Across the United States, approximately 50 million Americans suffer from autoimmune (AI) conditions that can significantly impact day-to-day lives. For years, chronic care for patients with AI conditions involved treatments to merely manage common disease symptoms or non-specifically suppress the immune system. Specialty therapies specifically act on key biological contributors to overactive immune systems, allowing providers more targeted treatment approaches. These medications carry unique prescription access and adherence challenges that can obscure the path to wellness for patients. While manufacturer-sponsored patient support programs (i.e., hubs) have improved patient outcomes in numerous clinical studies, deficiencies in the classic support model limit program success and patients are often unaware of support services. This report describes health care challenges encountered by patients prescribed specialty therapies for AI conditions, exposes weak areas limiting current patient support programs and introduces AMP: Access for More Patients™, from CoverMyMeds and RxCrossroads by McKesson, as a tech-enabled alternative.
Communicable infections from viral, bacterial or fungal pathogens account for three of the top ten leading causes of death worldwide.1 Humanity’s greatest asset against such diseases is the immune system, which has been evolutionarily optimized to recognize self from non-self (i.e., distinguishing resident proteins, cells and tissues from foreign proteins, cells and tissues) and eliminate invading dangers. While a functioning immune system is important for staying healthy, an overactive immune system can lead to serious health complications and debilitation. Despite normal proteins, cells, tissues and organs presenting as self, they are mistakenly targeted for destruction by the immune system. In such cases, a person is said to have autoimmunity – immunity against himself/herself. To date, more than 100 autoimmune (AI) conditions have been classified with varying prevalence rates.2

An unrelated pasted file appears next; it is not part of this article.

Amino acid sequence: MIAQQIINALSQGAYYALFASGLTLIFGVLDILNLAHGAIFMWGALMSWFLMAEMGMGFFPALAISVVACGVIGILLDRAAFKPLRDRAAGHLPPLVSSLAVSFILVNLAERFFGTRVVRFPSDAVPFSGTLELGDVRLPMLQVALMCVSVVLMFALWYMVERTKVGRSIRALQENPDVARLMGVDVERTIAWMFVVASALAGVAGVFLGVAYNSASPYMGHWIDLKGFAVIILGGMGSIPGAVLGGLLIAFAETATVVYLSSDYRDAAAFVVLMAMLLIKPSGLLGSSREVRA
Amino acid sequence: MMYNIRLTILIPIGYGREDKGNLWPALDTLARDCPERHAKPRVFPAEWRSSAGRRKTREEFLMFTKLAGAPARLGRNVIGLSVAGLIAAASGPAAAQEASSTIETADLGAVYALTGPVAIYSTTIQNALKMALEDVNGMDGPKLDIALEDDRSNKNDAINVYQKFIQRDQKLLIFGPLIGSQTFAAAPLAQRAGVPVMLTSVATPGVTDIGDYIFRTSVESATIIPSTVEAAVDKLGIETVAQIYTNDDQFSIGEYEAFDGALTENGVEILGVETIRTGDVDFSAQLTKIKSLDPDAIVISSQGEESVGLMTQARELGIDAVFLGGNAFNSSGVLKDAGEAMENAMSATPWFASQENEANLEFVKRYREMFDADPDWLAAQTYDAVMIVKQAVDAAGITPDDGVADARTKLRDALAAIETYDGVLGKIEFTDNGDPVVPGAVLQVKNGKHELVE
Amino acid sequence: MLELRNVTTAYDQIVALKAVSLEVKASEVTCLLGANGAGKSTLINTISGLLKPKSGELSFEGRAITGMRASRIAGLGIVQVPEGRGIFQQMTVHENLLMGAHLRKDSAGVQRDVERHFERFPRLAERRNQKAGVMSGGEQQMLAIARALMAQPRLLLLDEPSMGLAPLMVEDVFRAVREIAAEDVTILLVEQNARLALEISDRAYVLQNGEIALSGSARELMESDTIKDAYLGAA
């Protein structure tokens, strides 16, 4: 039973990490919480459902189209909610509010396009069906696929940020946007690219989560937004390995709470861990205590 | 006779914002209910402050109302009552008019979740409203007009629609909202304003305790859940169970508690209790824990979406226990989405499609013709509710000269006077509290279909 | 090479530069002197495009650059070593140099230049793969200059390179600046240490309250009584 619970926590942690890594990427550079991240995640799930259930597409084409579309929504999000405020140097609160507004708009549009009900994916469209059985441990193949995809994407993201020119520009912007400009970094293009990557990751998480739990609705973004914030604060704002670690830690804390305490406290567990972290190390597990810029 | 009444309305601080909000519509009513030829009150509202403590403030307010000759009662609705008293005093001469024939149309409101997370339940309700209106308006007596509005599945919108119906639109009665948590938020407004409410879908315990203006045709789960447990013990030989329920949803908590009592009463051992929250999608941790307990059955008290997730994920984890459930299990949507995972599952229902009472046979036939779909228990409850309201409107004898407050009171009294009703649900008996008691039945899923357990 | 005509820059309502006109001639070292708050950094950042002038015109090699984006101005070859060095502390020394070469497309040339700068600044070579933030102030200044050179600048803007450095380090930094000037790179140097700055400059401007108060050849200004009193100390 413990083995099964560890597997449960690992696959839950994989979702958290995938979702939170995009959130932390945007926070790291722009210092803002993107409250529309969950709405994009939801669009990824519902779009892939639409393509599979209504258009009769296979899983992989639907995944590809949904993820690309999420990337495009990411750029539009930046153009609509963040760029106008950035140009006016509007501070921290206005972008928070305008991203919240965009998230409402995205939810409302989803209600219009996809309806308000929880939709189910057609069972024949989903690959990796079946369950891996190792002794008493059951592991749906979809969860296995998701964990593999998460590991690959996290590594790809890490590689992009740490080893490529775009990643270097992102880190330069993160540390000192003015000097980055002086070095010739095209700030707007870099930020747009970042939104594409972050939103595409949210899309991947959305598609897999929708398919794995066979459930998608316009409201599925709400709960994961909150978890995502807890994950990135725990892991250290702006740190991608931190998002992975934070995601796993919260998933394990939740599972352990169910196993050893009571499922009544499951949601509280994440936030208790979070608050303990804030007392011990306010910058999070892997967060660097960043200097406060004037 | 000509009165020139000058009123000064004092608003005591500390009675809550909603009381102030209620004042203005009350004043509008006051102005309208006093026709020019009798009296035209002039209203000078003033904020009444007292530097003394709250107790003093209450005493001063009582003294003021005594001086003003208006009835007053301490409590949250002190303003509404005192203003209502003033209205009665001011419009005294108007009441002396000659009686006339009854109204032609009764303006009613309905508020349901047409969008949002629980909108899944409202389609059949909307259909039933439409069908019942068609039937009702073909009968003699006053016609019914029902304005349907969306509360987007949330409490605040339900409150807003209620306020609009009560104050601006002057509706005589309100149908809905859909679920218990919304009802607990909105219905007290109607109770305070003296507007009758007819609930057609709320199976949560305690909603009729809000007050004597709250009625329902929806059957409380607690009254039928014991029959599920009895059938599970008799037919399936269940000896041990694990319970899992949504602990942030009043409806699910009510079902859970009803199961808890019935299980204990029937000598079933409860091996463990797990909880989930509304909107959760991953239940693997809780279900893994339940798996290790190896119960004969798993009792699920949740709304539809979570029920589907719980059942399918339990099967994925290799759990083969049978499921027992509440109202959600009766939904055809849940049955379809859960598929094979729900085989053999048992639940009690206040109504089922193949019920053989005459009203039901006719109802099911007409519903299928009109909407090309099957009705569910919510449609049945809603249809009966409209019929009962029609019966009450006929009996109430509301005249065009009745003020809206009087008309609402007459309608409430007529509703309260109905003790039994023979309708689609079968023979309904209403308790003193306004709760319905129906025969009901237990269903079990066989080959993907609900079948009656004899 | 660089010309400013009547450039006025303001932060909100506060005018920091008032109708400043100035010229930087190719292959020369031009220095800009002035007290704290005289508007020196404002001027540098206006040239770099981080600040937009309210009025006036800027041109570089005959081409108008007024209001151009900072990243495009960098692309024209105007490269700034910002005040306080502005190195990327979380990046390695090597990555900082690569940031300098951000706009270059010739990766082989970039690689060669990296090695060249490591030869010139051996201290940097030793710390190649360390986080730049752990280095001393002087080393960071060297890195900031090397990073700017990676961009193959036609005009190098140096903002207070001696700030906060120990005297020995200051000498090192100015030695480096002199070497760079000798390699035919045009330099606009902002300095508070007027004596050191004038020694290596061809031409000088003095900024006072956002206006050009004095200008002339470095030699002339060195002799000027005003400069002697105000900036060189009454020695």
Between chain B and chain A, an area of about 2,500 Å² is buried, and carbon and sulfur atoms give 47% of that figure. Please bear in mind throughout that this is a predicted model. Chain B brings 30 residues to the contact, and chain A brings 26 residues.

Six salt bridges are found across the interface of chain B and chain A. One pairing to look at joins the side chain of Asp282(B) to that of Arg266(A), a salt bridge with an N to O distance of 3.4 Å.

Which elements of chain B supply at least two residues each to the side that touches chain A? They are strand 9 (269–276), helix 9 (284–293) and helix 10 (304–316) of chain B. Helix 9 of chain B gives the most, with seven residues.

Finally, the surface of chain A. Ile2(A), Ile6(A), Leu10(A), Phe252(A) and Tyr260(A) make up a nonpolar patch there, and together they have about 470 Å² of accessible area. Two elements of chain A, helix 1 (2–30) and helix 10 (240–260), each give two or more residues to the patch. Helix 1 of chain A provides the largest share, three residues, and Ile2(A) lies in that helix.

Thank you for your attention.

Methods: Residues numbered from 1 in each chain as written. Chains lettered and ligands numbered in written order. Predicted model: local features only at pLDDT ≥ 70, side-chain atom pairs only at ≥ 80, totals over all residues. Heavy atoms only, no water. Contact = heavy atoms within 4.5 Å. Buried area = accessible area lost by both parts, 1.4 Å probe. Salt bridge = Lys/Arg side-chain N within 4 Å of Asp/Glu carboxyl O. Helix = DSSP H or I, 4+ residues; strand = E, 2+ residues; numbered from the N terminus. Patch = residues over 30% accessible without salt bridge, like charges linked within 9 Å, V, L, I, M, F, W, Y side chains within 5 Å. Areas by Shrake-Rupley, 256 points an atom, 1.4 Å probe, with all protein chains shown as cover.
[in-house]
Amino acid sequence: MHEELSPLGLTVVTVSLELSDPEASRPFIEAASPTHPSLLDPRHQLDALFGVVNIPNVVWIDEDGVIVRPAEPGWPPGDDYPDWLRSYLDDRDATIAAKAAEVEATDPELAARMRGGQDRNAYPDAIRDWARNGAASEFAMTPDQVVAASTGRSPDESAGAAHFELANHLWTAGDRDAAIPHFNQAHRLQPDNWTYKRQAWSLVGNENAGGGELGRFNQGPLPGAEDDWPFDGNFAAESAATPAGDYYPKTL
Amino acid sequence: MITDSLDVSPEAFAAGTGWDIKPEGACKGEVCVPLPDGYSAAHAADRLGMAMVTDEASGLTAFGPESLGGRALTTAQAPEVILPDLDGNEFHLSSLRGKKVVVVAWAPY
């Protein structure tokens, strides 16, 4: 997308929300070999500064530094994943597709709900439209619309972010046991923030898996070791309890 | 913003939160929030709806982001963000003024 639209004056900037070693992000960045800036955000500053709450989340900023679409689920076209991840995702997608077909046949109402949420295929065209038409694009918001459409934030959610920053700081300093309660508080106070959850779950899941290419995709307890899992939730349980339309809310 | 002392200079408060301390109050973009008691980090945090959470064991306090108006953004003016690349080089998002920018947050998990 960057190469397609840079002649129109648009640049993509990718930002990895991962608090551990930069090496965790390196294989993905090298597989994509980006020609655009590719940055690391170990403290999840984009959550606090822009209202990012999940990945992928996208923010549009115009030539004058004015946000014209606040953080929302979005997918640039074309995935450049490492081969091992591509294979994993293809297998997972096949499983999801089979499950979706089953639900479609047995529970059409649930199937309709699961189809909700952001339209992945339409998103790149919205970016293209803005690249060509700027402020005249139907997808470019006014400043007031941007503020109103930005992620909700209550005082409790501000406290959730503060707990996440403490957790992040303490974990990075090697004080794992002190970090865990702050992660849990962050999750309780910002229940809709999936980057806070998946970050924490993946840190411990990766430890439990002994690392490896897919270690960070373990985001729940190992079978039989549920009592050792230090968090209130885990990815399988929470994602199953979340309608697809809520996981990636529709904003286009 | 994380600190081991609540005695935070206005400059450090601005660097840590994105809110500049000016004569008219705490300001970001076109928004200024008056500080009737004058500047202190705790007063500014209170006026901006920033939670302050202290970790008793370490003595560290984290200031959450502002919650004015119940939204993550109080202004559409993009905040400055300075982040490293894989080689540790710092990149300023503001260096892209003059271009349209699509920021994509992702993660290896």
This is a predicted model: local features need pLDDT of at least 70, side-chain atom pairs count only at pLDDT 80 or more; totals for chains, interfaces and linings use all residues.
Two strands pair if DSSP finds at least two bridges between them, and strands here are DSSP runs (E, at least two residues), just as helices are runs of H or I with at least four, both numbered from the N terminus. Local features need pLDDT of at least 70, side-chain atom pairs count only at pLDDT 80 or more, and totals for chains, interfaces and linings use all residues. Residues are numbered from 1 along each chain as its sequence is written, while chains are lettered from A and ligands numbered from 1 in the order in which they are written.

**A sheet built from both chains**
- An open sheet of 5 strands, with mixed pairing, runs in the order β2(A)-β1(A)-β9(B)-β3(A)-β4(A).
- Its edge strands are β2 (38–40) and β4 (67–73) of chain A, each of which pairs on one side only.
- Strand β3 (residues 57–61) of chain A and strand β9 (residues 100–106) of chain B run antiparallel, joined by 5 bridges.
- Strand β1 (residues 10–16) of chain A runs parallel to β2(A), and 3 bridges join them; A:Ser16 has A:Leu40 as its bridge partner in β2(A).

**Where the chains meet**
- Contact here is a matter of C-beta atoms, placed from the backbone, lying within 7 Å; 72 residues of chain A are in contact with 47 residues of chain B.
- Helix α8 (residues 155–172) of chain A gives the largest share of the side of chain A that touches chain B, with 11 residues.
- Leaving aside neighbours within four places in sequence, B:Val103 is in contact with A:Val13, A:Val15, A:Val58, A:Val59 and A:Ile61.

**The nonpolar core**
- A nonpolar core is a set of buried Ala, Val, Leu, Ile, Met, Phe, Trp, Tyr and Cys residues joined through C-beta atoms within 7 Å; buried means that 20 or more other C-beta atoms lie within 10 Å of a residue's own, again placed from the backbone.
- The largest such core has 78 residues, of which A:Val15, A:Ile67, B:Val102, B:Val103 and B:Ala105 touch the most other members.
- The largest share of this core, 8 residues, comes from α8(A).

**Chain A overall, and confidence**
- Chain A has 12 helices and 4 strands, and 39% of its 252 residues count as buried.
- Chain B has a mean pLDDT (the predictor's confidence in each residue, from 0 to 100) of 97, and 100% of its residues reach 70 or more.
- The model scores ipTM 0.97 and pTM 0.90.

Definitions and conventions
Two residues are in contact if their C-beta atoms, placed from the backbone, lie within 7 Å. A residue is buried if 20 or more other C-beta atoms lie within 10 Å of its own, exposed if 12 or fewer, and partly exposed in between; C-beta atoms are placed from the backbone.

Prevalence of Autoimmune Conditions